Tuesday, March 03, 2009

Lessons From Buddhism

What can be an appropriate response to an persecutionist ideology and a relentless assault of intolerant hatred?
Well, we atleast know what can NOT be a response to such an ideology--

Case Study: Buddhism

1) Hindus didnt kill Buddhists eventhough Buddhists were vehemently against and openly preaching against idol worship and the Vedas.
2) Hindus were not massacred under Buddhist Kings and Buddhists were free to propagate their religion under Hindu Kings.
3) Hindus and Buddhists came face to face through open and public debates. The loser had to convert to the victor's religion. Thus, the conflict was, more or less, restricted to priestly class.

1) Thousands of Buddhist monks were killed and hundreds of monasteries were razed to ground by the Islamic invaders from central Asia and Afghanistan till East Bengal.
2) Buddhists could influence Ashoka, but not one among Mohd. Bin Kasim, Mahmud Ghaznavi, Mohd. Ghauri, Qutubuddin Aibak, Timur, Ghiyazuddin Tuglaq, or Aurangzeb.
3) Incidentaly, the only place where Buddhism thrived till the end of medieval ages was in Tamil-nadu, the only Hindu region unconquered by Muslims.
4) But even more interestingly, even that was destroyed... this time, by Jesuits (Christians).

1) Whenever a new and different ideology creats an environment of conflict in an existing system, there are two options left with either people: a)Non-violence, peace pacts, and inter-religious dialogue or b) Vigilance, self-defence, and counter-hatred. (With the advent of nation-states and democracies, the victims also have a beautiful option of going to the law and demanding justice, but I am talking about the even more beautiful middle-ages).
2) Buddhism is a totally peaceful religion that took the first path against both Hinduism and Islam.
3) Against Hinduism, it was the ideal "clash of religions" where no one was physically hurt and where there was an opportunity to show that one's beliefs were logically better than the opponent's. Compare this is to the cheap attitude of claiming hurt, then imposing guilt on the opponent and thereby extracting several concessions like reservations and free pilgrimages.
4) Against Islam, Buddhism was wiped out of India. Monotheistic religions are not made for peaceful and open debates, and Buddhism was not made to deal with such hateful ideology.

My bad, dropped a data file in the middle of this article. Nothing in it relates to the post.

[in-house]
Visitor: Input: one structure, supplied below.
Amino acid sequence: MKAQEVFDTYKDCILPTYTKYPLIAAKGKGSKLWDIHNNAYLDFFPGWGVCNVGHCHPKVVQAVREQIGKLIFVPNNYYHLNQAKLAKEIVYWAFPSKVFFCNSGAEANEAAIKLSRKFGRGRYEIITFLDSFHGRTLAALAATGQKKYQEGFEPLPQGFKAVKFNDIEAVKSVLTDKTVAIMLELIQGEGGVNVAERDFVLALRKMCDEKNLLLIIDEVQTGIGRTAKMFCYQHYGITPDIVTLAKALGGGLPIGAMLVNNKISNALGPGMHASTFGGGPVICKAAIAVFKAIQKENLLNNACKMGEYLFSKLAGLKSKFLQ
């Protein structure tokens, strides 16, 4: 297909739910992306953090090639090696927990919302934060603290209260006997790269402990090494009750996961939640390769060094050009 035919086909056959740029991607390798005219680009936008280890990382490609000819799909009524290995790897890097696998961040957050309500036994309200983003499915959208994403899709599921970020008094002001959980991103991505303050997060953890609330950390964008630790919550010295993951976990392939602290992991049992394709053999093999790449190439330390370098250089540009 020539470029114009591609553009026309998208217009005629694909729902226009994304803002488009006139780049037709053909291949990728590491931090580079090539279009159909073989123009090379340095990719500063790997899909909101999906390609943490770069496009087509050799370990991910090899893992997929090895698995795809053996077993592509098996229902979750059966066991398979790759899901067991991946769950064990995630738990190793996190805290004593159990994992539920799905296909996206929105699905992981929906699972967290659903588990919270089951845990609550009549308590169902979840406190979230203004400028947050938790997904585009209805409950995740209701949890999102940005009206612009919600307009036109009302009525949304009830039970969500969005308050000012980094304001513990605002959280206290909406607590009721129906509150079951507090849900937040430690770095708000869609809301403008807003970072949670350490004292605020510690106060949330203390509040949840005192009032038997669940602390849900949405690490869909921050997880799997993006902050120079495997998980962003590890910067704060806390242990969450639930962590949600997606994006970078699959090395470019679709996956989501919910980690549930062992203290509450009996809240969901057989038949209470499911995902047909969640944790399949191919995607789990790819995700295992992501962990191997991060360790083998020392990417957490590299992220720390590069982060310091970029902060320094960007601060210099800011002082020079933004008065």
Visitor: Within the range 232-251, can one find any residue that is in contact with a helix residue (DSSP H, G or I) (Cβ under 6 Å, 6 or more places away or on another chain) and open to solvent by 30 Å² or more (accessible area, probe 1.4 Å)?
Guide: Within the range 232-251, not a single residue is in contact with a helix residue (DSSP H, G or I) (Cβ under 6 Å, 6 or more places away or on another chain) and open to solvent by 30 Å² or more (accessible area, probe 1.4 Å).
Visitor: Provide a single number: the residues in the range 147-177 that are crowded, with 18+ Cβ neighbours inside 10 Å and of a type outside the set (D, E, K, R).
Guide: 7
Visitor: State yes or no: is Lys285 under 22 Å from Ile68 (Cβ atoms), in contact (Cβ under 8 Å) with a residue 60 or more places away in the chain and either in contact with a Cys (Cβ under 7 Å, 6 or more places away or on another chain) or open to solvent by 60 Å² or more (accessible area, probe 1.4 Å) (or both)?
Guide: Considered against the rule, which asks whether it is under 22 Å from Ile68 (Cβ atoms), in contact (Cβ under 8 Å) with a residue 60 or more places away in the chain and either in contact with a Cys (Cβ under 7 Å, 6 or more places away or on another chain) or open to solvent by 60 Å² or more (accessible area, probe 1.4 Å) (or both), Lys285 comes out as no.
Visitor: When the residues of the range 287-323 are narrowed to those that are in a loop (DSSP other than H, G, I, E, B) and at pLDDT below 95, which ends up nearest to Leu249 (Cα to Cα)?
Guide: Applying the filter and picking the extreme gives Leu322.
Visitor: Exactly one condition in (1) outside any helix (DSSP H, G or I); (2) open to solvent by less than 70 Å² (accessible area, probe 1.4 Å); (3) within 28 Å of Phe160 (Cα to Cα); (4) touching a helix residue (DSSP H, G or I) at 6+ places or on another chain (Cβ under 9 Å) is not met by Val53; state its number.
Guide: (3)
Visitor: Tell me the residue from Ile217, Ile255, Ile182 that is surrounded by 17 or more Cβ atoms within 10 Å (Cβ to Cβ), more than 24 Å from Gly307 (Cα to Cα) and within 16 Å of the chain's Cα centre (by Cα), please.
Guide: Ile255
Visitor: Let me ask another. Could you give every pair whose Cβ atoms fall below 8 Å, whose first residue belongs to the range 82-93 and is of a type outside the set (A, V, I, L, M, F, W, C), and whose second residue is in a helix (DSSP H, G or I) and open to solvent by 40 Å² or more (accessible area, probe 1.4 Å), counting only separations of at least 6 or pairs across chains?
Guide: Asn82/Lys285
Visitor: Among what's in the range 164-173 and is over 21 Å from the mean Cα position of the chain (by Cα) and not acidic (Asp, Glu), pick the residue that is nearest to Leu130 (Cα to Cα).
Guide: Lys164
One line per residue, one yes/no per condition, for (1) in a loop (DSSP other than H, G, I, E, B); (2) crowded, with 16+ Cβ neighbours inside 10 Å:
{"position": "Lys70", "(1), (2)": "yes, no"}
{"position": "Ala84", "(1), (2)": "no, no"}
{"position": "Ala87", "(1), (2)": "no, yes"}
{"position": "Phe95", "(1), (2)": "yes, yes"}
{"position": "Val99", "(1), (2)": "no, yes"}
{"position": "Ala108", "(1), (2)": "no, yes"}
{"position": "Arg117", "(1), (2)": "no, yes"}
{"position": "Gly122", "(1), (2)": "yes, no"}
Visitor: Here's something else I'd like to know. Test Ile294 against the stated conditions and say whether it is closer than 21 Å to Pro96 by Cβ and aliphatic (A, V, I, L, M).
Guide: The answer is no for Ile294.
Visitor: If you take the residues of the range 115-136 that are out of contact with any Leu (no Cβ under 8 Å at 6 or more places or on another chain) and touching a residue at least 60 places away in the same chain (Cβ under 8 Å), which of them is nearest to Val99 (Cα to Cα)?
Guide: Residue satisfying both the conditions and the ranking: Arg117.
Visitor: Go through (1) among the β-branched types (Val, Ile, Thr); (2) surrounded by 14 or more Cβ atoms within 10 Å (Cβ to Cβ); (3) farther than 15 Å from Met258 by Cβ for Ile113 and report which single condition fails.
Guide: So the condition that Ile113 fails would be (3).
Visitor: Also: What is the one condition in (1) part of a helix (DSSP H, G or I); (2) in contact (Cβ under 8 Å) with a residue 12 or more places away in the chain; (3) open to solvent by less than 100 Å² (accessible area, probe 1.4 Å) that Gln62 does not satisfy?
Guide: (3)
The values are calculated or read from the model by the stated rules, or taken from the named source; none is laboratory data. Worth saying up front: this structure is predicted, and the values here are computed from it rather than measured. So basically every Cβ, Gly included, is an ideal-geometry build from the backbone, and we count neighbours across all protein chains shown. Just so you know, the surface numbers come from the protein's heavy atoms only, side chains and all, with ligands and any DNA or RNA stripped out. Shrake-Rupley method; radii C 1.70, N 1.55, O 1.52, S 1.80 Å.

The revered Dalai Lama has put it succintly:
"terrorism cannot be tackled by applying the principle of ahimsa because the minds of terrorists are closed."


Karmasura said...

I have a question regarding this..

If Islamic Hordes came right upto central Asia and India.. what stopped them to enter China?

Did Buddhism finally realize that it had to defend itself with military might in East Asia?

Or was it the legendary Chinese brutality that came to its rescue?

Karmasura said...

Or was Islamic strength so concentrated in the Indian subcontinent that they never went beyond India to east Asia?

Gandaragolaka said...

well well..
look at this:

Incidentally, Mongols were fiercely against Islam to begin with, but after the Khans converted to Islam, they were really the most formidable force on the Earth at that time.

So when Islam was spreading in India in 11th and 12th centures, it was mainly because there wasnt anywhere else to go to. The Mongols were too fierce and too strong for all these Ghauris and Ghaznavis.

And by the time Khans had converted to Islam, the Mongol empire was already on the downhill and various Chinese kingdoms cropped up again.

So China, sort of, never saw a real Islamic invasion.

Gandaragolaka said...

Using this rather popular thing called tinyurl for the first time:
(the link in the earlier comment was too big)